As the college scene breeds antisemitism and delegitimizes Israel across the US, IDF veterans are battling for truth by sharing their personal stories of valor, tragedy and triumph—the collective story of Israelis in Israel. In a Belev Echad-sponsored mission in cooperation with Chabad on Campus, a group of IDF veterans who were wounded in action travel across US college campuses where they meet Jewish American peers and share their experiences both as Israeli civilians and IDF soldiers defending their people and homeland.

Tony, a Penn State University sophomore, shares: “Meeting IDF soldiers right around my age who’ve experienced so much has inspired me and totally changed my attitude. They know what it means to give to defend their homeland and people.”

2020 and 2021 saw an uptick in antisemitic incidents in the US, causing many Jewish students to feel marginalized and conceal their Jewish identity.

“One of the chief problems is that, often, these incidents don’t take the form of classic antisemitism,” says Rabbi Uriel Vigler, co-founder of Belev Echad, the nonprofit organization and advocacy group sponsoring the campus mission. “Pro-Palestinian or BDS-affiliated parties proclaim, ‘We’re not against Jews, just the State of Israel.’ But practically, they object to anything Jewish-related, making every Jewish student feel threatened.”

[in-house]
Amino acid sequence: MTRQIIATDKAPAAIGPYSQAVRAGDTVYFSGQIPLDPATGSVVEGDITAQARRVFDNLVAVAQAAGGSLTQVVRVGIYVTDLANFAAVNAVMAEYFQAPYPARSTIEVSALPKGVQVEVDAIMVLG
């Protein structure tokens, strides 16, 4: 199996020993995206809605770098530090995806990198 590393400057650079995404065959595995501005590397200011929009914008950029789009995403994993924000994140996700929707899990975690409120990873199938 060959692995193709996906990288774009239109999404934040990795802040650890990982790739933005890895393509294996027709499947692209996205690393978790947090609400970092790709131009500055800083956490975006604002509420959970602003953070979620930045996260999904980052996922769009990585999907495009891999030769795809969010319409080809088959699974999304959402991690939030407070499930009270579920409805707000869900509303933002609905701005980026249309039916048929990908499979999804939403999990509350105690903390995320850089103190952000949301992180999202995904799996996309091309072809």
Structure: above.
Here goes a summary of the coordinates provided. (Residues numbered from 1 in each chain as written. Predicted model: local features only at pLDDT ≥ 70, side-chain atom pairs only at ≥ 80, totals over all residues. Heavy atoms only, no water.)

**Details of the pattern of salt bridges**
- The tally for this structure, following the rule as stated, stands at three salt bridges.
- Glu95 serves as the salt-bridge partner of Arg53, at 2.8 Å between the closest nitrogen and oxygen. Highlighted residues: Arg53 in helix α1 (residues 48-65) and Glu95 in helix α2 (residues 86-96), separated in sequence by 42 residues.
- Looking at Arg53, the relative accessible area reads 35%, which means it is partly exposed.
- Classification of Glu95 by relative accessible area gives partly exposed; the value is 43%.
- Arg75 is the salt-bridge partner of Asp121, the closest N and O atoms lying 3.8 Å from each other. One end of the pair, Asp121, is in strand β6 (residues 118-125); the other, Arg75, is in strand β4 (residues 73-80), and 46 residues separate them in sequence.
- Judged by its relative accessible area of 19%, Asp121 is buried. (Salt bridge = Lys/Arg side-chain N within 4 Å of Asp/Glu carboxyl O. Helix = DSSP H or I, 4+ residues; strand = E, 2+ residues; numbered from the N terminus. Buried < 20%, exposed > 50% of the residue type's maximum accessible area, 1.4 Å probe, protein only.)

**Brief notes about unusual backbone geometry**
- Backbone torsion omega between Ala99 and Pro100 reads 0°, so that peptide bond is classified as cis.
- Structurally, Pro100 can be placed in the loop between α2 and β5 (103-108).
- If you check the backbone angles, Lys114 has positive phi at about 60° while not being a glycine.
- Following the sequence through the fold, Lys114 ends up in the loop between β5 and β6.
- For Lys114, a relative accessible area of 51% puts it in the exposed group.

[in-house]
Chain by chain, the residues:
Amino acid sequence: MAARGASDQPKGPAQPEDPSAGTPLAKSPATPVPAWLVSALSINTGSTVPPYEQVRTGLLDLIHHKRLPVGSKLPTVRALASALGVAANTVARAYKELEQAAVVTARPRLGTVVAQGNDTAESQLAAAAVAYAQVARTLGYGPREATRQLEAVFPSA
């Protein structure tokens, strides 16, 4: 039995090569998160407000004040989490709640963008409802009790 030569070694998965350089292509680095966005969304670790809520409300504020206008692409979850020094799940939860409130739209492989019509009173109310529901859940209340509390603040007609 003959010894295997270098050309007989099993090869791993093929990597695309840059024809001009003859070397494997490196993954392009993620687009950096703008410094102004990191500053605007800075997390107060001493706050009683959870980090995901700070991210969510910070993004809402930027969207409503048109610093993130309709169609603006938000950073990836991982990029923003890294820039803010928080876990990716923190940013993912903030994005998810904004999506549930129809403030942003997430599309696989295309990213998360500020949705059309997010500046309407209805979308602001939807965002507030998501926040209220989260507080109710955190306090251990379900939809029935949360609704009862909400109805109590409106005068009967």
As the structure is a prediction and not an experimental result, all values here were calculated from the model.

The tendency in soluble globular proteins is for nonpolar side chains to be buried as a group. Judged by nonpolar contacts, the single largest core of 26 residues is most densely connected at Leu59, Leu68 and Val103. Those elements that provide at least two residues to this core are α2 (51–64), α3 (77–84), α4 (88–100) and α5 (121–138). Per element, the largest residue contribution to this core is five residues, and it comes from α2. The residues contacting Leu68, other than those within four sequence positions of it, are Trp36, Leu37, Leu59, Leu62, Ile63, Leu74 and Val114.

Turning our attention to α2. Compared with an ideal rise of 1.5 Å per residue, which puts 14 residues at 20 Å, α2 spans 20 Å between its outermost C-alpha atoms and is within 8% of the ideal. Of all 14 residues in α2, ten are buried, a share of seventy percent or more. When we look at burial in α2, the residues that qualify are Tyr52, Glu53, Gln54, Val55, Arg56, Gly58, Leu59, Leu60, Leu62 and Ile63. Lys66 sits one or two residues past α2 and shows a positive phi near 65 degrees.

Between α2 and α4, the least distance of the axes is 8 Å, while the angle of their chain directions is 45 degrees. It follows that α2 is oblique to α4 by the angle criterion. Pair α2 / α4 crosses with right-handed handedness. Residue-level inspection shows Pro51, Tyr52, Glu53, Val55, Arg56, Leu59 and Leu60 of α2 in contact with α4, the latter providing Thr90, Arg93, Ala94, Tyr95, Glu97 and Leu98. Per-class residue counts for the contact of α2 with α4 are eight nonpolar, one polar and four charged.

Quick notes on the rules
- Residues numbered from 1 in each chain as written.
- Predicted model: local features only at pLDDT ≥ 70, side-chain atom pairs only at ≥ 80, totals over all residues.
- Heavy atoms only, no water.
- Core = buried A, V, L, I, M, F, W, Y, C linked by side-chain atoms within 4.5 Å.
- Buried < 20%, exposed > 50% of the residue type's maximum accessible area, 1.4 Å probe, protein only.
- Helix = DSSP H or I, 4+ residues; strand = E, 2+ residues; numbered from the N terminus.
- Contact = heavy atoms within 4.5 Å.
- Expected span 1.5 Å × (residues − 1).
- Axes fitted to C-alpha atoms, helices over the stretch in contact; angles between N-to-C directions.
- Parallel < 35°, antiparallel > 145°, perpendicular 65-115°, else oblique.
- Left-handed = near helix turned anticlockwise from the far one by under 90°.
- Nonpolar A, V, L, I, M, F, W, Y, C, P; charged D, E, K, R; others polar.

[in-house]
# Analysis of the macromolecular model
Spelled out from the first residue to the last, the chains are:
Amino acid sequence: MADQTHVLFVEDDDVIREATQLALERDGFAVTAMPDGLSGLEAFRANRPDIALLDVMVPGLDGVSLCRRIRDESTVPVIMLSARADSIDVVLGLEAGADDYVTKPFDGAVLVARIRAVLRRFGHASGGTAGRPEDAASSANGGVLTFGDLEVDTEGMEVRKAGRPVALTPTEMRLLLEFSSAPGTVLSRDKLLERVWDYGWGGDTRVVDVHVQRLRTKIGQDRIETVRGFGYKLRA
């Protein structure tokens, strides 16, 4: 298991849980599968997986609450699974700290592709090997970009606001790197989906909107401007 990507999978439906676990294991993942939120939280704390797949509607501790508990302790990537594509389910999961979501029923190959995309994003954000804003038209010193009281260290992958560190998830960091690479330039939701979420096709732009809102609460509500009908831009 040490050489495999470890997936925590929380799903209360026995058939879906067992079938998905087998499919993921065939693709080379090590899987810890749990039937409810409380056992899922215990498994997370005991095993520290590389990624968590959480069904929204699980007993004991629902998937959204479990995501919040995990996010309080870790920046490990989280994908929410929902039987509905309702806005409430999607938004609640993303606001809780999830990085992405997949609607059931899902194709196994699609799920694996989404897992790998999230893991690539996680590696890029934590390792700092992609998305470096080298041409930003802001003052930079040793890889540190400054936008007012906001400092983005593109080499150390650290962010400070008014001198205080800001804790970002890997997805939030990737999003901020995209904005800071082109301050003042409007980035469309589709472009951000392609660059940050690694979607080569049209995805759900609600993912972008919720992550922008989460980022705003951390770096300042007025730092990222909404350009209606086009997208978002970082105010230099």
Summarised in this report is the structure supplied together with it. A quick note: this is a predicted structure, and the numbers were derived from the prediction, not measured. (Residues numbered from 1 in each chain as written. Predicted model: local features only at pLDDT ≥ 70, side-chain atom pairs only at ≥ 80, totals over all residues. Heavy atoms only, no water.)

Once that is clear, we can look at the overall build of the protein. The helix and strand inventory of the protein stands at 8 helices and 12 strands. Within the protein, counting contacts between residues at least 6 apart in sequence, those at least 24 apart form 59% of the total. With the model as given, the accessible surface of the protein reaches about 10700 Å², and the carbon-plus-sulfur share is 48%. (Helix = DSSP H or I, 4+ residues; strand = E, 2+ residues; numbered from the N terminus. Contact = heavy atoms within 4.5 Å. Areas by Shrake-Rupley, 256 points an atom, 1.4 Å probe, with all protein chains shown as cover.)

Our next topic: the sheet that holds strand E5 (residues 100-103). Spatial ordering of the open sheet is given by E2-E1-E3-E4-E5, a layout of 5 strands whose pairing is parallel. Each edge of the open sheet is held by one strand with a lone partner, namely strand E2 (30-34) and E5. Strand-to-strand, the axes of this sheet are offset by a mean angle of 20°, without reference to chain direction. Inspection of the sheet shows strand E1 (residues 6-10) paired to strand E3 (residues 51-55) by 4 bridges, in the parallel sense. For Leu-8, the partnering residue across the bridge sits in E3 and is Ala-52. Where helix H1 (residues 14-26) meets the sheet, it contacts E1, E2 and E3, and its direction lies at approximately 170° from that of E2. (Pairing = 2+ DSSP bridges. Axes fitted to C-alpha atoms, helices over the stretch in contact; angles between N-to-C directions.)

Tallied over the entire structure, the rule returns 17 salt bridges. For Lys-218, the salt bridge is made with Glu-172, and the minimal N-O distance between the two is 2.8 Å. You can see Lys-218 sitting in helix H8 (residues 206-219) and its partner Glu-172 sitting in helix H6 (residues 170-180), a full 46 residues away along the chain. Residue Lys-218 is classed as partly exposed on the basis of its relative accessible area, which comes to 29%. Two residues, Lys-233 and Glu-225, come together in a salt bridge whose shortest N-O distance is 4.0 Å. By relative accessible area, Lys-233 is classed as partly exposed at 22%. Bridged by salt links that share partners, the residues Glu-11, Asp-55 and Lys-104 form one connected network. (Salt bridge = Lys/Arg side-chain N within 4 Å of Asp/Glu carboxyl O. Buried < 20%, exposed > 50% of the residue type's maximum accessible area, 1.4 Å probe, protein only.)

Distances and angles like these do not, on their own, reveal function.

Recently, Dana Ophir and Matan Rutger toured close to a dozen colleges on the East Coast, sharing their personal stories with hundreds of students who were deeply impacted by their commitment and sacrifice.

Matan Rutger of Kfir Brigade, was run over by a Palestinian terrorist with intent to kill. Matan survived, but required multiple surgeries and spent months in intensive rehabilitation.

Lieutenant Dana Ophir was injured in a vicious car-ramming that left four friends dead and Dana confined to a wheelchair. “I’m a walking miracle. From running ten miles without losing my breath, I became a total invalid. But I refused to succumb to fate and with titanium instead of bones in my body, taught myself to take one baby step at a time,” she relates.

“When I visit the campuses, I see young people who are open to hearing us,” says Rutger. “When they hear what I went through, they identify, connect. They understand that military service is not about aggression or occupation, but about defending my own family and countrymen and that we’d so much rather live in peace than carry weapons. This opens their heart.”

Matan and Dana spoke with us from Penn State where 80 students assembled in the hall to hear their stories of courage and heroism.

Rabbi Hershy Gourarie of Penn State Chabad-Undergrads says, "Hosting Belev Echad was an absolute pleasure. It’s amazing for students see true dedication, heroism and what it means to overcome obstacles and really defend your homeland.”

“Using my personal miracle to open eyes to the truth of life in Israel has become my mission!” declares Dana. “Some colleges we visited reacted with barrages of protests, but I’m not afraid. We’re committed to fighting this war for truth.”